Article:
Well, some producers and directors are in love with their shiny mocap toys!!

'Look at thissss, we made it using the latest techniques, it's a craptacular story, but we used mocap. Yeah!

It's mental mastur....well you know what I mean.

Polar Express was a boring movie. What's the point of creating a character that looks and moves exactly like Tom Hanks? Just film Tom Hanks then!! What's the point of recreating reality? THat in itself it's not entertaining.

Like Kubrick said to Nickolson: "It's not wether your acting is realistic or not, the question is; is it interesting?" (not the exact words)

On the other hand, I do agree mocap finds itself best suited for live action movies that have lots of fx. Not saying that LOTR was agreat movie here, but the use of mocap does make sense in this context. As opposed to a movie that's supposed to be be fully animated.

Rufus.

Anonymous said...

Benjamin, like I said, there numerous comments just like Mr. Sporns regarding animators and mocap animators in an Us and Them context. I suppose there are animators that have a need to feel superior regarding their art...ego is nothing new to this industry.

Todd said...

Mocap is not animation. Period. Animation is the creation of movement one frame at a time. The entire point of animation is that it's NOT just a facsimile of live-action. Mocap, like rotoscoping, is a cheat and a crutch used by those who cannot animate.

What's sick about this is that these mocap movies will come out with the Disney name on them, and assume it's Disney animation.

Chih-Ming said...

mo-cap is not animation, just like photography is not painting. We need a new term for it.

Anonymous said...

Without art, crudness of reality would make the world unbearable.
George Bernard Shaw.

I like to think of animation, as life drawing.

Anonymous said...

Semantics and silly definitions aside, PE was lifeless and dull. Not just because of the story but BECAUSE of the mocrap! - Lifeless meat puppets a la FF - Yes mocap is just another tool but mostly used as a cheap hack with souless results.

bah!

Anonymous said...

"Oh god, please no. W&G biggest feature is it's offbeat and quirky charm and humor. It would be destroyed in the Disney world."

I find this humorous because so many blast DreamWorks for such things yet this was made in part with DreamWorks. Go figure.

Anonymous said...

I've done it all, from keyframe 2D features to full CG and motion capture. I'm not afraid. Great studios like Pixar will still turn out masterpieces, and directors like Zemeckis and Cameron will extend the boundaries of cinema. I thought Polar Express sucked. I think Monster House was a big improvement. I've heard Beowulf is another step forward. This artform is evolving. Are you? Stop your insults and compete!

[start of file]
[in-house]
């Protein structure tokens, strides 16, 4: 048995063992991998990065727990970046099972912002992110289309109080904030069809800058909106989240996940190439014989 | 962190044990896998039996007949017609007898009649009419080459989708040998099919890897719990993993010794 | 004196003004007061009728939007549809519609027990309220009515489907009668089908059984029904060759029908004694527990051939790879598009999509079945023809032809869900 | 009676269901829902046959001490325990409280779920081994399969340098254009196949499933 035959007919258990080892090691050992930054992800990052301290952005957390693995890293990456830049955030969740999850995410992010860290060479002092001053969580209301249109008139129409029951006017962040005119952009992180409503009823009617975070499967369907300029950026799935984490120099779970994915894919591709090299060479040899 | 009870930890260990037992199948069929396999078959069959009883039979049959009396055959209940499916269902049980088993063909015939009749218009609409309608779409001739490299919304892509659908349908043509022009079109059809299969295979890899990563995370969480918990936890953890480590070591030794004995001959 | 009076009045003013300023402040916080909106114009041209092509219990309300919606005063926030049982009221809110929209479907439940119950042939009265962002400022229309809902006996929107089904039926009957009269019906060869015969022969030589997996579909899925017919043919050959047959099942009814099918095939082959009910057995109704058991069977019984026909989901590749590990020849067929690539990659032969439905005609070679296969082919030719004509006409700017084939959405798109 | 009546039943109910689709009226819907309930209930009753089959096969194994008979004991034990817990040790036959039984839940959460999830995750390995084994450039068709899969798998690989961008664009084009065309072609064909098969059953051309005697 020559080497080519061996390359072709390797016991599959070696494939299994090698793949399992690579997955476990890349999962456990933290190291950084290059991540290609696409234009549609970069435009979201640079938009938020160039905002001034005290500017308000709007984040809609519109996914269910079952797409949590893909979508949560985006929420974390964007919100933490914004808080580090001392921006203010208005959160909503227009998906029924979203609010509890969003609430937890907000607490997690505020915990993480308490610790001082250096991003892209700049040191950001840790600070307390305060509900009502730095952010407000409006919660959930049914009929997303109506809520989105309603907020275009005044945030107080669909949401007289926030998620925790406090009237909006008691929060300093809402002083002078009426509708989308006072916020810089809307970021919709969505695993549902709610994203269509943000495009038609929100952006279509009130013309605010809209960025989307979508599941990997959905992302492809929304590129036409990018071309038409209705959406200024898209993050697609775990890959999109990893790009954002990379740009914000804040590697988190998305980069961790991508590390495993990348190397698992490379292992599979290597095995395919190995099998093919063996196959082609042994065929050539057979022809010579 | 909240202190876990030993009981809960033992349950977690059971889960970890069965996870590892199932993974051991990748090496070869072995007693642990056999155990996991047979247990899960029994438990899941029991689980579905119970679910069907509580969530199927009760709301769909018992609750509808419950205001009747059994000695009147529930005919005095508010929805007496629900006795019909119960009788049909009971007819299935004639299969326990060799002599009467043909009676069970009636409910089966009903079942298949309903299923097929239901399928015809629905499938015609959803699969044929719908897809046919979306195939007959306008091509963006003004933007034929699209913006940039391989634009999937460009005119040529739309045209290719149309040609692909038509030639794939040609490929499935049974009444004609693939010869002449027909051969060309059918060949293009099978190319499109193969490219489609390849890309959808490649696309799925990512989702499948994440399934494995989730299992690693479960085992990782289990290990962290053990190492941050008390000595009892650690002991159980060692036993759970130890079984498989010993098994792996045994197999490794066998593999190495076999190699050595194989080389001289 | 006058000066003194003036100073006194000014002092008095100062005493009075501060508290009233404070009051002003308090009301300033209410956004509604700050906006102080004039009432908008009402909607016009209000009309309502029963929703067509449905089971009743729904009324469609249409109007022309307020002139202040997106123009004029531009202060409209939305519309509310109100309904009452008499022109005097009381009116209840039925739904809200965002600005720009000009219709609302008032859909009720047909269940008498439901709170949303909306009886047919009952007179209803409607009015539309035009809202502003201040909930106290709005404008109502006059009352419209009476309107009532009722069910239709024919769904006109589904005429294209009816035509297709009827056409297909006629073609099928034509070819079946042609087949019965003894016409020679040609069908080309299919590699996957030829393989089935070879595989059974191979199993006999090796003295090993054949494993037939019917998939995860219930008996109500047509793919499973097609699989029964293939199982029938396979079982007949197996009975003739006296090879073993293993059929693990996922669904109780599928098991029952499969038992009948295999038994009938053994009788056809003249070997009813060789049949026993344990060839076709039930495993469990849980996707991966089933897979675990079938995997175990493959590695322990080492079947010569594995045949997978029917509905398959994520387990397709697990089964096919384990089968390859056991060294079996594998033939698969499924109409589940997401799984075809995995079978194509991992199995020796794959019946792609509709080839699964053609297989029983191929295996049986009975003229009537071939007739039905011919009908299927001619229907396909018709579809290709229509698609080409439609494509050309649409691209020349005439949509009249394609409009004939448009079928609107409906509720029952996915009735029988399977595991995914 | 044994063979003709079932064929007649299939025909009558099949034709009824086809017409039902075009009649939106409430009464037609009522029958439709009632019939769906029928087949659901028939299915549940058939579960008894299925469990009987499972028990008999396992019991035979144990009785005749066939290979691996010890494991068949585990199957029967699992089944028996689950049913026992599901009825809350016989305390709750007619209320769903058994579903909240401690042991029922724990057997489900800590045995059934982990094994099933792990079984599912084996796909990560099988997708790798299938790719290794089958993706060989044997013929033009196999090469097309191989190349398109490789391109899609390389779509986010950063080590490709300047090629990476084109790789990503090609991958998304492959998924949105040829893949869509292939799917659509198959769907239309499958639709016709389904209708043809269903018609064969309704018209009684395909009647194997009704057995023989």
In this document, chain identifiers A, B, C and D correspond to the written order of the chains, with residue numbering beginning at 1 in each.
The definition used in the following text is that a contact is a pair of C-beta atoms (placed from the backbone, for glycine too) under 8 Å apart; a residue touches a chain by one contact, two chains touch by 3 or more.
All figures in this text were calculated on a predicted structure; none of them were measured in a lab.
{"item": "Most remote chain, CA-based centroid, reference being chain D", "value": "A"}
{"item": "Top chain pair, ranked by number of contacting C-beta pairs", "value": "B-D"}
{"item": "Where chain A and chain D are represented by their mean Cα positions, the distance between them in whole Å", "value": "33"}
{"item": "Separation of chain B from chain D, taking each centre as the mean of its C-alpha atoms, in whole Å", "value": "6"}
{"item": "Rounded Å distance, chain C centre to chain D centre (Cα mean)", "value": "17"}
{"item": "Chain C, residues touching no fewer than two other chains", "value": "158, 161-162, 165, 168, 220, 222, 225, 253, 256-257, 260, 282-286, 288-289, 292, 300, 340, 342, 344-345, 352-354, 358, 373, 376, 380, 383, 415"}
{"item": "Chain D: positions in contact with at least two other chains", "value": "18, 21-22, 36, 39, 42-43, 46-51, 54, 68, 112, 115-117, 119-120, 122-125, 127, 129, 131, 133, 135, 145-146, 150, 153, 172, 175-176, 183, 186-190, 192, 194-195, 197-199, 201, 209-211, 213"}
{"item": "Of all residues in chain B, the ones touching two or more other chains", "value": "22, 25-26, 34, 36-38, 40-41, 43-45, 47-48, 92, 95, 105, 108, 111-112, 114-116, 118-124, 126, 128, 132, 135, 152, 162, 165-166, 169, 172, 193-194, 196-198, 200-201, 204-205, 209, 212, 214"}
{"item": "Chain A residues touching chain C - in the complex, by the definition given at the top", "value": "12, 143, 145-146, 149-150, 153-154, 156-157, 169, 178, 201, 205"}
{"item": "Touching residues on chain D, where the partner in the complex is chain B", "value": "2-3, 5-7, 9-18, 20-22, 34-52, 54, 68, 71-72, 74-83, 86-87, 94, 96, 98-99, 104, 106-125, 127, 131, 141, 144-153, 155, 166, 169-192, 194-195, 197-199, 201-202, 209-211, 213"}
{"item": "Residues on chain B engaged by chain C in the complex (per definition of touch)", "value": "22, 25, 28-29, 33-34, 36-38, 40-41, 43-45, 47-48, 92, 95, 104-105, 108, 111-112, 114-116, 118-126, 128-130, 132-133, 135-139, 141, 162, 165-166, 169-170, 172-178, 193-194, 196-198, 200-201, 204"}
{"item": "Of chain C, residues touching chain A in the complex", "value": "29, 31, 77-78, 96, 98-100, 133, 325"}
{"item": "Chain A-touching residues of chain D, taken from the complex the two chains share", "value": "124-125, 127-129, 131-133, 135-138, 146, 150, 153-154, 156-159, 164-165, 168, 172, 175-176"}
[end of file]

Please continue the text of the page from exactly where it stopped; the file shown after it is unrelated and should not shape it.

I'd rather animate a duck than a person anyway.

tc said...

But what does this mean for Walt Disney Feature Animation, and the return of 2-D traditional animation?

-by the way, this is just an outsider asking for your thoughts. I am no expert of professional, just one who wants WDFA back on track.

Steve K. said...

Does MoCap really work? If so, then why does it need so many additional people to work on "adjustments" to "massage" the performance? What does MoCap really achieve in the long run and at what cost in dollars and labor? Why not simply animate it in the first place? Wouldn't that save time, money and energy that would be better used for design, story and character development?

Anonymous said...

I believe one of the reasons Zemekis is such a fan is that he can work regular business hours...9-4, Monday to friday. He also doesn't have to worry about night shoots, or travel. And when he sits down with the footage, he can grab bits and pieces of multiple takes to create one prefered performance. So for him, it's all about convenience. On the back end, animators are asked to smooth and integrate those takes, then amp up the performance on top of the mocap layer. So the end result is that it saves the director time and heartache...then he dumps it on the vfx side to fix.

MrFun said...

It's good to be the King.

Anonymous said...

'I suppose there are animators that have a need to feel superior regarding their art...ego is nothing new to this industry.'

Such is the disrespect for animators.

To producers and execs everywhere:

If animation was so easy to do, then I invite you try and do it yourselves!

It's not ego, it's frustration with having to deal with ignorant producers and execs who have an ego themselves.

Rufus out!